As the small, Colorado town of Manitou Springs gears up for a city council vote that will determine whether marijuana stores can continue to operate within its limits, a physician there is reporting troubling numbers out of Manitou Springs High School.
After reviewing the results of his public-records requests, Dr. Kenneth Finn is urging city officials to consider not just tax revenues generated from marijuana sales, but also social costs associated with the drug’s use — especially social costs harming kids. Manitou Springs’ first recreational store opened Aug. 1 and reportedly will pay $223,122 in taxes for the period between July 31 and Oct. 7. At the same time, the store’s opening correlates with big problems, says Finn, a physician at Springs Rehabilitation who is board-certified in physical medicine and rehabilitation and pain medicine. Also a self-described “proud Manitou parent,” he reports:
– Marijuana-related problems at Manitou Springs High School have increased significantly this academic year. For the past seven school years, the school has reported an average of one marijuana-related incident per month. However, since school started Aug. 25, there already have been 14 marijuana-related incidents — an average of seven per month at the current rate.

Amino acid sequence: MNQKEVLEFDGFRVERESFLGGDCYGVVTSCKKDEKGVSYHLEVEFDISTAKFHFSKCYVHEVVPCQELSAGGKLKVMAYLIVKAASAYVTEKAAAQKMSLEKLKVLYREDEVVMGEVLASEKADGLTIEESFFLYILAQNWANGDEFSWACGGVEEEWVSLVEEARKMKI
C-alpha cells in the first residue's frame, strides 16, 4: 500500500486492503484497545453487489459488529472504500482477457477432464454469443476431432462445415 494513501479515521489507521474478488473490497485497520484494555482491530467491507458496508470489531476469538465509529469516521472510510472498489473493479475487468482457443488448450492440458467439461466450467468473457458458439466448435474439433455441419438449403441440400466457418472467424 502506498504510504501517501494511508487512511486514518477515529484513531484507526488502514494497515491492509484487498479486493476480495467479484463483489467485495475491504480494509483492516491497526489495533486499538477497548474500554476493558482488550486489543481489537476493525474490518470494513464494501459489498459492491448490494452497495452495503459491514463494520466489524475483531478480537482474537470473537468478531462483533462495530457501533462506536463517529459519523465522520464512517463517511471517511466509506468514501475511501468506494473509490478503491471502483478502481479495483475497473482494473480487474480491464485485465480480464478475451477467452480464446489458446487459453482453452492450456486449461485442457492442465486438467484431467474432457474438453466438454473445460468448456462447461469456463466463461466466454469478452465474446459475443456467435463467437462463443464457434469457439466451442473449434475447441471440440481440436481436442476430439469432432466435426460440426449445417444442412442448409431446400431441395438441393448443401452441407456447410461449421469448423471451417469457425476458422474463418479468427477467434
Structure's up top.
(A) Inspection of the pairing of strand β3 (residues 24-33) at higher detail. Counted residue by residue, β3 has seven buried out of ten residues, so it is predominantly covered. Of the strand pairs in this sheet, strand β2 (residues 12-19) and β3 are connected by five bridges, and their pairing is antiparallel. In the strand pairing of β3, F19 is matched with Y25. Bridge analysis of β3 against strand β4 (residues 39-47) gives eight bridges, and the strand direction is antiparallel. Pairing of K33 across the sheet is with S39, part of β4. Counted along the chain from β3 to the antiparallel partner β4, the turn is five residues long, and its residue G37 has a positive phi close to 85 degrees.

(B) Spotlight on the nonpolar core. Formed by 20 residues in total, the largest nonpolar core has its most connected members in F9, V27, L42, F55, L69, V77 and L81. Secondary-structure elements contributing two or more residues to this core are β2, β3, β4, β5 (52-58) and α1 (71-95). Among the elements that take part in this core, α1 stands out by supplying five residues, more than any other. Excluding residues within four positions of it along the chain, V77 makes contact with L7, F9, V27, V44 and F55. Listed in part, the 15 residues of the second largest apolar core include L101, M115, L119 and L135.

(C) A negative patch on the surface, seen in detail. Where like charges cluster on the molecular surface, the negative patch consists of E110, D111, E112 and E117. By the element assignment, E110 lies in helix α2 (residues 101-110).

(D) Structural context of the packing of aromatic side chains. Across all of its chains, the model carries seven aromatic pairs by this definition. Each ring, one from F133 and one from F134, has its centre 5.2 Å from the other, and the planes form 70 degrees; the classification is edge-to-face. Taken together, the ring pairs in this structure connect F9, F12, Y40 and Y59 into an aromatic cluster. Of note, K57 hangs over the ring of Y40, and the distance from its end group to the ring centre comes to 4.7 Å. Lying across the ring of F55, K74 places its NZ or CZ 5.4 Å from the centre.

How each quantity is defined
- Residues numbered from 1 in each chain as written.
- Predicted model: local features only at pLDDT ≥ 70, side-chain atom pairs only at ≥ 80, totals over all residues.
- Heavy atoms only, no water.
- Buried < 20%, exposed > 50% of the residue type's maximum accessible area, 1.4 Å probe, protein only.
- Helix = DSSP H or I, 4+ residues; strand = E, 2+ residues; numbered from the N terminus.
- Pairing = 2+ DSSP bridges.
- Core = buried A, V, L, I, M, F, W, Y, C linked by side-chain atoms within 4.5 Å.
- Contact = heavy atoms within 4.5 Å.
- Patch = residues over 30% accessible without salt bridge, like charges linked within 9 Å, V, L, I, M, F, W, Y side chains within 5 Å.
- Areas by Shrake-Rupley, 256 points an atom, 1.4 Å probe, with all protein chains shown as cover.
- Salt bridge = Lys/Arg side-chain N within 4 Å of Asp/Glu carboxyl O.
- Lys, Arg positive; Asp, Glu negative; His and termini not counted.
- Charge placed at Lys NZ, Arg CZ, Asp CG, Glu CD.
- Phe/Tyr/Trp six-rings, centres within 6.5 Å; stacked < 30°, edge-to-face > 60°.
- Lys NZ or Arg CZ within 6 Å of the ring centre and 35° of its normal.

– The number of homeless students — those reporting no stable, physical address — attending the school has doubled. The influx of homeless youth at the school is consistent with reports from Denver-area homeless shelters, including those focused on helping teens and young adults. (see video below)
“I thoroughly enjoy the community, but we have a real problem on our hands,” Finn said. “I wouldn’t consider this a social experiment because in an experiment, you actually care about data collection and analysis and the outcome. Right now, people will talk about tax revenue, but they’re not bothering to calculate the costs of marijuana.
“However, I do want to give thanks to the Manitou School District staff and teachers who are dedicated to the education and welfare of their students — and who were brave enough to even alert members of the public about these problems and hand over this public information quickly and in accordance with state law.”